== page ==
Mississippi is nicknamed the hospitality state, but when it comes to voting, it is the state of entrenchment.
Mississippi is the most inelastic state in the nation when it comes to voting, according to a study by the FiveThirtyEight political blog. In simpler terms, the hospitality state has fewer persuadable voters per capita than any state in the nation. Only the nation’s capital, Washington, D.C., a Democratic stronghold, has fewer persuadable voters, based on the updated study.
The lack of persuadable voters highlights the obstacles faced in Mississippi by Democratic candidates and Mike Espy, specifically, in his race against Republican incumbent U.S. Sen. Cindy Hyde-Smith. In a sense, all the momentum appears to be on Espy’s side. He has raised far more money than Hyde-Smith this year and is dominating the television airwaves across the state.
Yet the Cook Political Report, a national political website that forecasts elections, ranks the Mississippi Senate race in the “solid Republican” category. The aforementioned FiveThirtyEight gives Hyde-Smith a 91% chance of winning.
The national forecasters give Democratic Senate candidates in Kansas, Montana and Alaska better odds of winning than they give Espy. What gives? Are those states more Democratic than Mississippi? In the 2016 presidential election, Trump won Mississippi by 18%, compared to more than 20% in Montana and Kansas and by almost 15% in Alaska.
The issue, according to FiveThirtyEight, is not that Mississippi is more Republican than those states, but that it has fewer voters willing to cross party lines. The blog says elastic voters are more likely to be swayed by political events — the economy, a scandal, a pandemic.
Perhaps the most disturbing trend here is how inelastic the country is as a whole. The study describes Mississippi and many other Southern states as having “ lots of white evangelical Protestants and white voters with conservative views on racial issues who rarely if ever vote for Democratic candidates.” The study identifies Kansas, Montana and Alaska as very white states, but “not as evangelical or racially conservative.”
Another issue that might make Mississippi a little different than states like Kansas is that Mississippi also has a high number of Democrats who also are difficult to persuade to cross party lines. Generally speaking, the vast majority of those unpersuadable Democrats are Black voters.
While not giving some of the Southern Democratic Senate candidates as much of a chance as it gives the Democrats in Kansas, Montana and Alaska, FiveThirtyEight does say the high percentage of Black voters in those Southern states gives Democrats a chance in an election cycle where it appears all the momentum is on the side of the Democrats.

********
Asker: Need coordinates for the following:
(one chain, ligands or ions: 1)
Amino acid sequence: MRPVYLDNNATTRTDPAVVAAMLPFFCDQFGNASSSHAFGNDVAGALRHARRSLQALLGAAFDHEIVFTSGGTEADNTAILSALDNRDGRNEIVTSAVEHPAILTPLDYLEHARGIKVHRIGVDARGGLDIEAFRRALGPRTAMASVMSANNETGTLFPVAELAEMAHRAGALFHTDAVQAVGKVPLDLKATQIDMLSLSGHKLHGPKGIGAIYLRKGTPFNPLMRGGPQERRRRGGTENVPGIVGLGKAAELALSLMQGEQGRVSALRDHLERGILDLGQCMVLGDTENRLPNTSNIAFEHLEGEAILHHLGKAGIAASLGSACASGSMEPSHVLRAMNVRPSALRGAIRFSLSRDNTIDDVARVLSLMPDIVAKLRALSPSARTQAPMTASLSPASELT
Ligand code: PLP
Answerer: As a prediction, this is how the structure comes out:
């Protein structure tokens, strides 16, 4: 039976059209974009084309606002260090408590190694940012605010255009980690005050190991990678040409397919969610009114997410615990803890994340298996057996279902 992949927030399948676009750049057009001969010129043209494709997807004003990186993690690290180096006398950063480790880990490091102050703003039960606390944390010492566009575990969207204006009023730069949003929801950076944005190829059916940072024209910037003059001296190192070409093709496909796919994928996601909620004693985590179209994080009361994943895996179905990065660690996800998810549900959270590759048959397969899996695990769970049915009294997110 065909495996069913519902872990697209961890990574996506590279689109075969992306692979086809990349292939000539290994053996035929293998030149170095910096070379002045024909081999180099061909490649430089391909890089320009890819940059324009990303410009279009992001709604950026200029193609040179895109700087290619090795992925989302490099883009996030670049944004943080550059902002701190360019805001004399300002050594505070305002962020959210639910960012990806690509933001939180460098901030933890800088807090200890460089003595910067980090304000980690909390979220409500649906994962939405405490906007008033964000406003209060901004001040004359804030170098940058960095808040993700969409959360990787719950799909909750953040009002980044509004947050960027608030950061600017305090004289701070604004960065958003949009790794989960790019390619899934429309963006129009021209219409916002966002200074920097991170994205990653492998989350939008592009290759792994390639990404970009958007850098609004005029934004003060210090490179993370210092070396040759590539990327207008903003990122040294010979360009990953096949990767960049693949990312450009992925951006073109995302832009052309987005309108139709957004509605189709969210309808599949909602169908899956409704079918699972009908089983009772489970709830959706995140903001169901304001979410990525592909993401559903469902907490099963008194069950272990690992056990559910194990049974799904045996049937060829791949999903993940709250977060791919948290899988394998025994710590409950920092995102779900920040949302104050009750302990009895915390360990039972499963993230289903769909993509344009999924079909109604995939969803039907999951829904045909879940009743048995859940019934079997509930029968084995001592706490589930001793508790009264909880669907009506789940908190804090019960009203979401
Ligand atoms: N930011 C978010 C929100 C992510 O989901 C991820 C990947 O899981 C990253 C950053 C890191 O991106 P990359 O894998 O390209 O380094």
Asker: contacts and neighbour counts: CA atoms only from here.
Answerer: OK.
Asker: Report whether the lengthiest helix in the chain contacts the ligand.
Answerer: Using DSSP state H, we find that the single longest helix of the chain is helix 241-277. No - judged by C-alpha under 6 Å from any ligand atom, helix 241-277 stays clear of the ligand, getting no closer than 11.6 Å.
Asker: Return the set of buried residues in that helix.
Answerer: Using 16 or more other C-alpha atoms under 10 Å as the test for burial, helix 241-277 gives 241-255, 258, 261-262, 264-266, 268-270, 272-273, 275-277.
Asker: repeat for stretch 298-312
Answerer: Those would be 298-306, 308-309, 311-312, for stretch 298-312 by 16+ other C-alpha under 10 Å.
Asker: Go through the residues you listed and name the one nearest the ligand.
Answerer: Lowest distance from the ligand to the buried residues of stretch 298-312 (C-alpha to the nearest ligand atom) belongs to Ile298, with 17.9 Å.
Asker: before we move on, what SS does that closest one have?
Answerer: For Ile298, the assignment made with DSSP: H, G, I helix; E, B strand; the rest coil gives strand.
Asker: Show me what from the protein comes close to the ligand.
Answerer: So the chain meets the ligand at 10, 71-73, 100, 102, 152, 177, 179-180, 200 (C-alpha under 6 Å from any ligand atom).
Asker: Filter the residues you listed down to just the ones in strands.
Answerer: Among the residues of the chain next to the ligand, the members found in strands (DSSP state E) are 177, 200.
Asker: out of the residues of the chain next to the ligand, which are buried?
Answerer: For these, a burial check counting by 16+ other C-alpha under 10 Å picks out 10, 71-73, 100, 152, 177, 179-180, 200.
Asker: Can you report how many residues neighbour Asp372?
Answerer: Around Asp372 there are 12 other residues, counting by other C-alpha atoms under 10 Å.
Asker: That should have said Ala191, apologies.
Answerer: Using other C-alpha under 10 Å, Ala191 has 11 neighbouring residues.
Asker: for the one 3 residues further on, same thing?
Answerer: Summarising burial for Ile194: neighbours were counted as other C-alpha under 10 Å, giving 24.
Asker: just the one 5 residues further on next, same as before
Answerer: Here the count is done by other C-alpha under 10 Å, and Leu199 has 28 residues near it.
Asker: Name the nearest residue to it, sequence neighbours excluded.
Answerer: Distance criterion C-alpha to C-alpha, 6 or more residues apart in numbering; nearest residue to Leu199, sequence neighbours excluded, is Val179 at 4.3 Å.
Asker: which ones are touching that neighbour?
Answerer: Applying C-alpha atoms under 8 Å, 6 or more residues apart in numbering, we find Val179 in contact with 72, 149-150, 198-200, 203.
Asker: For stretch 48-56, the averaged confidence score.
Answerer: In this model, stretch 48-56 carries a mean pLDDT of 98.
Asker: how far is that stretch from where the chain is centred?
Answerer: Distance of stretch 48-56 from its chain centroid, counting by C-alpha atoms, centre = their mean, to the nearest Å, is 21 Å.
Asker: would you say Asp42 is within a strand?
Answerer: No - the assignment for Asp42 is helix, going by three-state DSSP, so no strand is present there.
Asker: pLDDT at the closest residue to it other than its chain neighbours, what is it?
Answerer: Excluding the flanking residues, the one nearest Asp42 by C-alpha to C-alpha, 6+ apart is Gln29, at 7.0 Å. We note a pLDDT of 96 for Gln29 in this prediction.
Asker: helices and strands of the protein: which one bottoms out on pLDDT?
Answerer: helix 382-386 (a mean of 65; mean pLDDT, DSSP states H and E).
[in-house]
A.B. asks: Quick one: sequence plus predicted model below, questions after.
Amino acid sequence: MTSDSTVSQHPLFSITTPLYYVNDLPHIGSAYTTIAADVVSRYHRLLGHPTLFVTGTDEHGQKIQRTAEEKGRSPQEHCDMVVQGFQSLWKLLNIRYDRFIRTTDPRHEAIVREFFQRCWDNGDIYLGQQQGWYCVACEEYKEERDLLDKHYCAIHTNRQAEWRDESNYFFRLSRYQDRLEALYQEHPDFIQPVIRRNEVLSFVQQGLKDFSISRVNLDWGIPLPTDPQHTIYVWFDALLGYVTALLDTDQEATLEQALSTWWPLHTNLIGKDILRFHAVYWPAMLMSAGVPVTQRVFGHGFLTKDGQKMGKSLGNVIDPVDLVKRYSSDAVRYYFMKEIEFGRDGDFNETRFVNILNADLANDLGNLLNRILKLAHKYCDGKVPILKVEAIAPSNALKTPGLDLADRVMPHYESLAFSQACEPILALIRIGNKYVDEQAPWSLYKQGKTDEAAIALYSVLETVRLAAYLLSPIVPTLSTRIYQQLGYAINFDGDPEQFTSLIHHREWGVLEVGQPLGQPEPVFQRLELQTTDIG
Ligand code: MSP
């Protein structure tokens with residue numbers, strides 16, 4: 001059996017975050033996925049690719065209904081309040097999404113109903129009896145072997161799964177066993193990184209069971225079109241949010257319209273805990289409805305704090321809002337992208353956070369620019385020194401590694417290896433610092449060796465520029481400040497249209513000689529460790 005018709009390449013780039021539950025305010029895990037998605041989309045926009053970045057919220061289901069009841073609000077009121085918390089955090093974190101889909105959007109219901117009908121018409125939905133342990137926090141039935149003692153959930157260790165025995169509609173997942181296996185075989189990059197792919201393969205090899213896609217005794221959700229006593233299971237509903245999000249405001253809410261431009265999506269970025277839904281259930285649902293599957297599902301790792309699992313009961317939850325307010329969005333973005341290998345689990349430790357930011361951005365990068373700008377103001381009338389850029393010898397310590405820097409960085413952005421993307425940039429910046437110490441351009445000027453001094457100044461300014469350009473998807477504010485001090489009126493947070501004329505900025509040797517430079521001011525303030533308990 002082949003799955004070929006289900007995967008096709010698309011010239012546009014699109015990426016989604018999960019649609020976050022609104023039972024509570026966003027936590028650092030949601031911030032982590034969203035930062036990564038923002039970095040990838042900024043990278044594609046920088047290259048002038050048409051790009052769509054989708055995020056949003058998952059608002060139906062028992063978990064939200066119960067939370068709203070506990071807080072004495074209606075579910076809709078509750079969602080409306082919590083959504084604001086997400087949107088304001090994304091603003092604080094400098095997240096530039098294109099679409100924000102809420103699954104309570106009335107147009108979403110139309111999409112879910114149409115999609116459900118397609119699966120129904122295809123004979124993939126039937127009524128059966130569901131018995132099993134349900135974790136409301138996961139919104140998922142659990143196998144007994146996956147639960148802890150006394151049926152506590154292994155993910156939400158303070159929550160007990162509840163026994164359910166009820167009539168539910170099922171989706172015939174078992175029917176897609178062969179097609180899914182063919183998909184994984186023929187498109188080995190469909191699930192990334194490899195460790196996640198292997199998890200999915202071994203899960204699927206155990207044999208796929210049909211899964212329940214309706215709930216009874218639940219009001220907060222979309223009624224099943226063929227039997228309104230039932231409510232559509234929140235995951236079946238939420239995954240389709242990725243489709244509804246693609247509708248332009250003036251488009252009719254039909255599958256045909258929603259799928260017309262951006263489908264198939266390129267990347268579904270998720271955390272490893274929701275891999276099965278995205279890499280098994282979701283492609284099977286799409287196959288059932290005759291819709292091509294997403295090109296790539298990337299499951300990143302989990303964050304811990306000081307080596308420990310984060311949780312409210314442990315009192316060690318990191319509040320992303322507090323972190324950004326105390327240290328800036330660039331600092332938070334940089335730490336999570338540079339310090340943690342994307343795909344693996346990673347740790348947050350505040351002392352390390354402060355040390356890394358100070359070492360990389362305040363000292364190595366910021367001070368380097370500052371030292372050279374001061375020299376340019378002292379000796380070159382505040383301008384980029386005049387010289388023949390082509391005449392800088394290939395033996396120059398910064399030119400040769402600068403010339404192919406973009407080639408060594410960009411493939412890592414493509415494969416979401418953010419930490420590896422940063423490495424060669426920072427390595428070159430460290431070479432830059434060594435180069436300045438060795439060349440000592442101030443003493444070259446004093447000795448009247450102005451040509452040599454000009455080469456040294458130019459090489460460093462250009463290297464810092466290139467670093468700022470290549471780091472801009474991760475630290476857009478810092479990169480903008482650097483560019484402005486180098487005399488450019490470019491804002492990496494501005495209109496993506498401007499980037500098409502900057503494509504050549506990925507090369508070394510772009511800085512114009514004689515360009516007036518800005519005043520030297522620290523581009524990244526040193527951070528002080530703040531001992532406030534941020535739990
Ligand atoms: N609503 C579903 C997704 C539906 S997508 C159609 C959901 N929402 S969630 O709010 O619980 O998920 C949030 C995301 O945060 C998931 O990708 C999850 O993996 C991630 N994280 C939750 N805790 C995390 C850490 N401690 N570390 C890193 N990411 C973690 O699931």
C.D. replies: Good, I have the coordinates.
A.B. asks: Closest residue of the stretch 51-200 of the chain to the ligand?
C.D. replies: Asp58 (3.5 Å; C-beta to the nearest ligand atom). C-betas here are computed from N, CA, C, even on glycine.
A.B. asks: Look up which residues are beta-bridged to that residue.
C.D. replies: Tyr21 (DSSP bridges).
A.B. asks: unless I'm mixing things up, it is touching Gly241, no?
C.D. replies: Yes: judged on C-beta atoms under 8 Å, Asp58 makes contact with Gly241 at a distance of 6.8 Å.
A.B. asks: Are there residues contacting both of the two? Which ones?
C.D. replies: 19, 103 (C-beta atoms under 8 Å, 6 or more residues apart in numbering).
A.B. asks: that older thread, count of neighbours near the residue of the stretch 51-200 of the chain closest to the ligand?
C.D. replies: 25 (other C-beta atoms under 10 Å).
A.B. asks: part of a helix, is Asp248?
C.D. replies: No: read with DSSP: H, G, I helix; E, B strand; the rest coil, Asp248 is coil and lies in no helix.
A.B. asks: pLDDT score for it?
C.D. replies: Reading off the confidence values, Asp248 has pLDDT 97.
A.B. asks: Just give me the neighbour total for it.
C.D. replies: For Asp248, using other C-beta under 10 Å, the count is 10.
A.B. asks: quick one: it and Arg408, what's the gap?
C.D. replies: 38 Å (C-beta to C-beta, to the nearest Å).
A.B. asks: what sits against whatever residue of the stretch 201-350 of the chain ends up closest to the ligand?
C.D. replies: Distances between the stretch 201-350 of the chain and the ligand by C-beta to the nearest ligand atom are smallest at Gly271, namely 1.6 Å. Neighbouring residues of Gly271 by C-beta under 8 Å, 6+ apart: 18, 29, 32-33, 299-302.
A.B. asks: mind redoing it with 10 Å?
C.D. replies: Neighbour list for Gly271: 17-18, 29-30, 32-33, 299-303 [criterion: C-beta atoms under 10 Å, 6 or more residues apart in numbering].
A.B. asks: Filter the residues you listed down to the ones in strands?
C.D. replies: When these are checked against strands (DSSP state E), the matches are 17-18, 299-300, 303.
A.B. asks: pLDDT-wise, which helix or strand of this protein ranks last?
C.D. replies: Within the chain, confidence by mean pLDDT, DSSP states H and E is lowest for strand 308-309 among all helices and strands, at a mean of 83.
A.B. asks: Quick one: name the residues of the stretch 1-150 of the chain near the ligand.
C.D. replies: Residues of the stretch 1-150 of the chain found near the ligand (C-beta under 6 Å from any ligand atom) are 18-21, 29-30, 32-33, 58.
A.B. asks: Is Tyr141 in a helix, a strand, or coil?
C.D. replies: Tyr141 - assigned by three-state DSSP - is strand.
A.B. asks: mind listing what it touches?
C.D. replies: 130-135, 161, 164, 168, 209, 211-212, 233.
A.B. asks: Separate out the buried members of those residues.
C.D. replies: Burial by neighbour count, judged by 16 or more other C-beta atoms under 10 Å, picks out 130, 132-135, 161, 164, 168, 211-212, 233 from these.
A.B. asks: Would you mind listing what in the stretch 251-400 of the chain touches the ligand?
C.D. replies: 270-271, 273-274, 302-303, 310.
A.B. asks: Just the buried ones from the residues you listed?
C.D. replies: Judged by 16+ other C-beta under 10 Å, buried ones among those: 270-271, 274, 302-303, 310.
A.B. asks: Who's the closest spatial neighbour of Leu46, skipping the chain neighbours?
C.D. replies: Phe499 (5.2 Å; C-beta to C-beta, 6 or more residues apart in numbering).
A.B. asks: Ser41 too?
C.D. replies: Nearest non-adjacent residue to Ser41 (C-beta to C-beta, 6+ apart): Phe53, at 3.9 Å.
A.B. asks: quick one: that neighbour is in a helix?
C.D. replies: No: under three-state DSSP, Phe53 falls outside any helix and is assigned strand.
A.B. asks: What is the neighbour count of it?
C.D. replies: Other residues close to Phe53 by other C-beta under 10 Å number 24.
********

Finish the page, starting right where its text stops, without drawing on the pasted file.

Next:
A key caveat for Espy, though, is that there are more persuadable Republicans than Democrats in Mississippi. To win in November, Espy has to entice people to the polls who do not normally vote.
Many believe these are progressives who have not been enthused with the generally conservative Democrats who have run for statewide office in Mississippi. Espy, who has largely centered his 2020 campaign on race and social justice, has tried to attract those voters by embracing the national Democratic ticket to an extent that most Mississippi Democratic statewide candidates have not in past election years.
In addition, Espy must convince a small percentage of those Mississippi Republican voters to come over to his camp. Espy is trying to do that with recent ads touting the need to change the state’s trajectory to ensure young people do not leave the state, and by highlighting his willingness to work across party lines, like he did in the 1980s and 90s with Republicans like Sen. Thad Cochran and President Ronald Reagan.
To win, Espy must do both of those things: inspire new, mostly younger progressives and convince some of those traditionally unpersuadable Republicans.
Espy maintains that he will win if Black voters in the Nov. 3 election make up 35.5% of the total vote, and that if he increases his share of the white vote from the 18% he garnered in his 2018 Senate special election against Hyde-Smith to 22%. Based on early absentee voting numbers, there is a strong likelihood that the African American turnout will be higher than the 32.5% the Espy campaign says he earned in the 2018 special election.
If that’s the case, that might leave Espy just needing to persuade those unpersuadable Mississippi voters to win. It’s a tall task, but time will tell if it’s possible.